I admit to being nonplussed by Nashville, McCabe & Mrs. Miller, M*A*S*H, Cookie's Fortune and The Long Goodbye -- in this sentiment I am alone in the world of cinephiles, where Altman is worshipped as the greatest of directors. I've never been sold on him. Altman's oeuvre, to me, always seemed like a resounding technical achievement, a mastery of the form but not the emotion behind it. But I loved The Company and The Player for their tenderness and causticity (respectively), and appreciated Short Cuts and Gosford Park for their virtuosity. And, like Sidney Lumet is, Altman was one of the movies' great human beings: generous to other filmmakers, thankful for his luck and status and respectful of both the medium and the power that springs from it.
Does anyone have any favorite moments from Altman films? I like Keith Carradine singing "I'm Easy" in Nashville. I love the final shot of The Company, when we realize that the movie is about love and not dance. And Helen Mirren's modulated confession in Gosford Park -- how still it is compared to the kinetics of the rest of the movie. And I love the sadness that throbs through A Prairie Home Companion, an utterly appropriate swan song. Sure, it was written by Garrison Keillor, but the lines seemed to be spoken directly by Altman.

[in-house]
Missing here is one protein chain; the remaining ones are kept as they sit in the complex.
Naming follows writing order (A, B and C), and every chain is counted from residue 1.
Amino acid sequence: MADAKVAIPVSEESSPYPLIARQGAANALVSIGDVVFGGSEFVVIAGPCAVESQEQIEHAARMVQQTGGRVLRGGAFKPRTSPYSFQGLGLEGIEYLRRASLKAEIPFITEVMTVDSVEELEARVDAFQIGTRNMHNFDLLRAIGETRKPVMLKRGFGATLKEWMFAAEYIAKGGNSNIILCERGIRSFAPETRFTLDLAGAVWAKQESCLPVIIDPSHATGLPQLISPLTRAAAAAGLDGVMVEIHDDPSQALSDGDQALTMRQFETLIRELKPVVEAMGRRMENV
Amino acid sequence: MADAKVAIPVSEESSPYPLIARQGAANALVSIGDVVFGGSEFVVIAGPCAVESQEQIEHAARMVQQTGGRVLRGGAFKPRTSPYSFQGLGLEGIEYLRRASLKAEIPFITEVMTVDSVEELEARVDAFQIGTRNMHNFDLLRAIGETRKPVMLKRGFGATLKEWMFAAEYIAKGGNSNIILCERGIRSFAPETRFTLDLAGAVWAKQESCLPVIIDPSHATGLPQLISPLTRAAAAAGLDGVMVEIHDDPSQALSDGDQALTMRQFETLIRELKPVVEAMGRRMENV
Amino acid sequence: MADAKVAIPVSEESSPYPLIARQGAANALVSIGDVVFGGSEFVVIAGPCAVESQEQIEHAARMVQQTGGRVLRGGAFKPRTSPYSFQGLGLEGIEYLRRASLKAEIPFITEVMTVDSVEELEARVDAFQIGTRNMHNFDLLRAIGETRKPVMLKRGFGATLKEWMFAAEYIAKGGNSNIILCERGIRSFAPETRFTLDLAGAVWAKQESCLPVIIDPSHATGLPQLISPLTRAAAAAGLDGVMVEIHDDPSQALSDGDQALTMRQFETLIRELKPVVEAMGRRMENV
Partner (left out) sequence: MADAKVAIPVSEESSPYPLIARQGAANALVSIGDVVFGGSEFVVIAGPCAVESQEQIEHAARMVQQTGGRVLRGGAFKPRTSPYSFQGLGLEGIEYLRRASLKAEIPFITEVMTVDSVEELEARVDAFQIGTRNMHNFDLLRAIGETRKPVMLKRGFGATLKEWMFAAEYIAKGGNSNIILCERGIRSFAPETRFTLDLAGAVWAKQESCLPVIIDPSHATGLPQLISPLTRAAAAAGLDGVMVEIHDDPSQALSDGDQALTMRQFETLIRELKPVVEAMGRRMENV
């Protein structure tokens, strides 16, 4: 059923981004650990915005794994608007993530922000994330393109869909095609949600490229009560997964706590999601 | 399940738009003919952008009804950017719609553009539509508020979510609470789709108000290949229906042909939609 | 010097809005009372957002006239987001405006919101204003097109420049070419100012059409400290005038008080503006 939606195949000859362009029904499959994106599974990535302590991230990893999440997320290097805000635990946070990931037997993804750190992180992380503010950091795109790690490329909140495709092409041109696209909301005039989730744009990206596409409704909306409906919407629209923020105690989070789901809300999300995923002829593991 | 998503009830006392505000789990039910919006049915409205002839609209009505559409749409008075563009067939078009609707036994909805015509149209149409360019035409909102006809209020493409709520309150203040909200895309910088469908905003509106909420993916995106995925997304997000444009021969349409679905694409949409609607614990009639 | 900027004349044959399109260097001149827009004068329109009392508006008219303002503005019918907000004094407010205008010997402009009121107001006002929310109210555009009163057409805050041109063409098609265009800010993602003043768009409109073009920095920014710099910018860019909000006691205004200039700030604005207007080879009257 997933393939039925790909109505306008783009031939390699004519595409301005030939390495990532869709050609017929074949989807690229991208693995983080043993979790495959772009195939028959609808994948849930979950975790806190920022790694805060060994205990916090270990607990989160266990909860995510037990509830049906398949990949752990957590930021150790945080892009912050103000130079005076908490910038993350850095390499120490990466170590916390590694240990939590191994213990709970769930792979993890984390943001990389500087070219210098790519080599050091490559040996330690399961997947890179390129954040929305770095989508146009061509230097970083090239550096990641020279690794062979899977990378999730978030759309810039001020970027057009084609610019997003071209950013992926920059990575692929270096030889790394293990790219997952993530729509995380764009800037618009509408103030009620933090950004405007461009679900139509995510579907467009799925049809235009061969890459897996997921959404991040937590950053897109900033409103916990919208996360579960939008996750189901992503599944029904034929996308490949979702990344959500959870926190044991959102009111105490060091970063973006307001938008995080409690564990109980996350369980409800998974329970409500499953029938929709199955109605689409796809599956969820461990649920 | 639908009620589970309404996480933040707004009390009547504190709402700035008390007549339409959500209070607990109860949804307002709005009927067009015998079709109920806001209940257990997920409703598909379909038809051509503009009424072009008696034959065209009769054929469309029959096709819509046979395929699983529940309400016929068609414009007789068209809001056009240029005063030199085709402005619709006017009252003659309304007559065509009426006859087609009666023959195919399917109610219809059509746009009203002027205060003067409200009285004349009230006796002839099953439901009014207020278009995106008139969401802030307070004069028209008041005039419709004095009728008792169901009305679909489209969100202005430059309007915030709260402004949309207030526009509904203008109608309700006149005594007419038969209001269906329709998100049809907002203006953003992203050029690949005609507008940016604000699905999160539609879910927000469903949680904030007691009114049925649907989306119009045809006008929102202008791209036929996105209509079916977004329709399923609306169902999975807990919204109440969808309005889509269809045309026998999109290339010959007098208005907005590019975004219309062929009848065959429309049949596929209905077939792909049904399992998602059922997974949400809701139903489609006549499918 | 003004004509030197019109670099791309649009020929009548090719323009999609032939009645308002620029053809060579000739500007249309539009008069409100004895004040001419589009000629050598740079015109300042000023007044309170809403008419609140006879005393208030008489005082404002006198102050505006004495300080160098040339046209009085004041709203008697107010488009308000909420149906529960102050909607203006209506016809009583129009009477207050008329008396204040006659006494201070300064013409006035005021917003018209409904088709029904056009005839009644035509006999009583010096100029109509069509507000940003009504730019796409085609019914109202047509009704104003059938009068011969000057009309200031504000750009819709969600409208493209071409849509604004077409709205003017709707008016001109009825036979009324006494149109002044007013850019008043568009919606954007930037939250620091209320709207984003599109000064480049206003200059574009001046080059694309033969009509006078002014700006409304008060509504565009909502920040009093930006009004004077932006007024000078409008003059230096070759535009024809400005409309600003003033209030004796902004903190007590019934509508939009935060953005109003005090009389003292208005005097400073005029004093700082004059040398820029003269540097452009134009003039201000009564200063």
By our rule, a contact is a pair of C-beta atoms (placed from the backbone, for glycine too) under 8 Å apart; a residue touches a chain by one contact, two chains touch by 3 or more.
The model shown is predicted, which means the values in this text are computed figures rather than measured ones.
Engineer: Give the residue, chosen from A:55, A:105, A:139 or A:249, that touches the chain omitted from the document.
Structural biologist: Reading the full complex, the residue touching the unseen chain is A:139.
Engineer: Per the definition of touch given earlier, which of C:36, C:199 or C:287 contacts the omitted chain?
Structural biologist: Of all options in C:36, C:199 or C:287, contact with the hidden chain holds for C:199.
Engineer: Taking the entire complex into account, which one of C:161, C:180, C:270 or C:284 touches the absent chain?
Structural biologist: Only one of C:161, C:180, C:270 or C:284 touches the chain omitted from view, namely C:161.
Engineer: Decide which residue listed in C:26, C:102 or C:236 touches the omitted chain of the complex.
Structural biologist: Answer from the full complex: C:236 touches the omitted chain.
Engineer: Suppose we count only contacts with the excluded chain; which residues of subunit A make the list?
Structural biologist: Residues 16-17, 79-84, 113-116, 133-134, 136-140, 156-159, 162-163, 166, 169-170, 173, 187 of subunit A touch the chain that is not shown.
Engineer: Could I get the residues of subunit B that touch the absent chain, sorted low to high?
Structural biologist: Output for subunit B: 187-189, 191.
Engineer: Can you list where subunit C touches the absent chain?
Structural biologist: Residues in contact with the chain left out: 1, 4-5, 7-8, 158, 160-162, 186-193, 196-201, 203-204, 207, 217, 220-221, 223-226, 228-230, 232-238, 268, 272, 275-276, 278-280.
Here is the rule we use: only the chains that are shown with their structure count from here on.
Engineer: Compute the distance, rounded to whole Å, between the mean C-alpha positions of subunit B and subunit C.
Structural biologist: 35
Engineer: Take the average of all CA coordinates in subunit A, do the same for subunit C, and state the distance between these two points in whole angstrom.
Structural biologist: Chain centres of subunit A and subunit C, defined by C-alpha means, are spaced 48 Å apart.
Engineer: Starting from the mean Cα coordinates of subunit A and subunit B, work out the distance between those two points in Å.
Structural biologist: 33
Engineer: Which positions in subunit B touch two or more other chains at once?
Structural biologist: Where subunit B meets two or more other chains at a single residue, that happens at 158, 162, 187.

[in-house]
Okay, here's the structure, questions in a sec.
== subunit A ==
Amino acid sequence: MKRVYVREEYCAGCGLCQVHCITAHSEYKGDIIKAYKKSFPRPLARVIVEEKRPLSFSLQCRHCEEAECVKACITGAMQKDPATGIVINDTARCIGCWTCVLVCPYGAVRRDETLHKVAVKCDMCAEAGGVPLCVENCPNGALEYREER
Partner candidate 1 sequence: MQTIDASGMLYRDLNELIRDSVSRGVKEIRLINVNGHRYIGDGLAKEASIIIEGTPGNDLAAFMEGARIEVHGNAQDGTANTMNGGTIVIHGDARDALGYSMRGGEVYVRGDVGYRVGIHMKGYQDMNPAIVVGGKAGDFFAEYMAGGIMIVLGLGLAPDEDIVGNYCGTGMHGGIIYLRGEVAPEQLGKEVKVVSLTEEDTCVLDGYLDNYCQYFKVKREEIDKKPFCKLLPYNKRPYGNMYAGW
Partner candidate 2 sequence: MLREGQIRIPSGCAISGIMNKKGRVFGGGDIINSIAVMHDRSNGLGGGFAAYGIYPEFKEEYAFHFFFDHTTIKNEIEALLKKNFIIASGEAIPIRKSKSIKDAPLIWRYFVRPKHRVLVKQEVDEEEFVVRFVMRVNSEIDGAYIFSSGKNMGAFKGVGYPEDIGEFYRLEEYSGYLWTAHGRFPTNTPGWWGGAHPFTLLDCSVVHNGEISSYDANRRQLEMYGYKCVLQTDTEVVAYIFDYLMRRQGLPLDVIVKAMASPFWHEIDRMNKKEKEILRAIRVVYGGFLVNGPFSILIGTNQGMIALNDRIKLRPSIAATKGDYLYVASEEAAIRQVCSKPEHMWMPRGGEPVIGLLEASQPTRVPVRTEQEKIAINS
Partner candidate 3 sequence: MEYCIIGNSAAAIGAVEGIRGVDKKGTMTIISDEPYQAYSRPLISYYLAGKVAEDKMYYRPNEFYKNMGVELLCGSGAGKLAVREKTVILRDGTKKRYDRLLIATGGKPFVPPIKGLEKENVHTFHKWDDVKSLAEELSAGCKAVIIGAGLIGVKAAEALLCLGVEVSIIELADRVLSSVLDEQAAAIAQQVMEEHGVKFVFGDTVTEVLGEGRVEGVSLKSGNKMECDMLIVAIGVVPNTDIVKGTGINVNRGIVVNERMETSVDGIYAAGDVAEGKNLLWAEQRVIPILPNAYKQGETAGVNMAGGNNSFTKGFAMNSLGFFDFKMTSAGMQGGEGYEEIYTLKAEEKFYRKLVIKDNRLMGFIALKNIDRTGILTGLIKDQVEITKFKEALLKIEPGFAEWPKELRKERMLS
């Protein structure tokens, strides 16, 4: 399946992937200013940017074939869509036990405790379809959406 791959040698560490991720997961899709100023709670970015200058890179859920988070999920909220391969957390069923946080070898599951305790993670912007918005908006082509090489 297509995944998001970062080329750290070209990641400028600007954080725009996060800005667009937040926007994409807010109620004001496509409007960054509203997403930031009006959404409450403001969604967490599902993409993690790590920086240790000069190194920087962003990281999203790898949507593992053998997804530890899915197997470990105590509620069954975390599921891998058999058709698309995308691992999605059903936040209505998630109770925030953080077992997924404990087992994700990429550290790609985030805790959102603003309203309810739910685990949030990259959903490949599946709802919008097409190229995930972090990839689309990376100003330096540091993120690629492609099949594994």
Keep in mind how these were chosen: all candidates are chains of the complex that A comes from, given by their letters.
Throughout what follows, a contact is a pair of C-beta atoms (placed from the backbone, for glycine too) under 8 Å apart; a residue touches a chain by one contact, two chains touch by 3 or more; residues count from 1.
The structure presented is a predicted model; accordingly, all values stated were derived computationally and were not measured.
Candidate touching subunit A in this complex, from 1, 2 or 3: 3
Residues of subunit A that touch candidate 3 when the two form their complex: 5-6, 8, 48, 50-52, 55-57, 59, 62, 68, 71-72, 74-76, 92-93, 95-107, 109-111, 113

Lola: What if you die some day?
Keillor: I will die.
Lola: Don't you want people to remember you?
Keillor: I don't want them to be told to remember me.
And as the white-clad moll of Parts Unknown, Virginia Madsen says, "There is no tragedy in the death of an old man. Forgive him his shortcomings, and thank him for all his love and care."
Link buffet & appreciations (as they become available): The eight-minute opening shot of The Player. "We leave his movies knowing that life is many things at once -- at once." Stephen Hunter: "Where others saw theatrical artifice, Robert Altman saw the teeming, throbbing Petri dish called life." JMR.: "It is even arguable that I would not be where I am today without Altman." Looking Closer Journal: Altman, Lynch and a handshake at the 2002 Oscars. Roger Ebert's encounters through the years.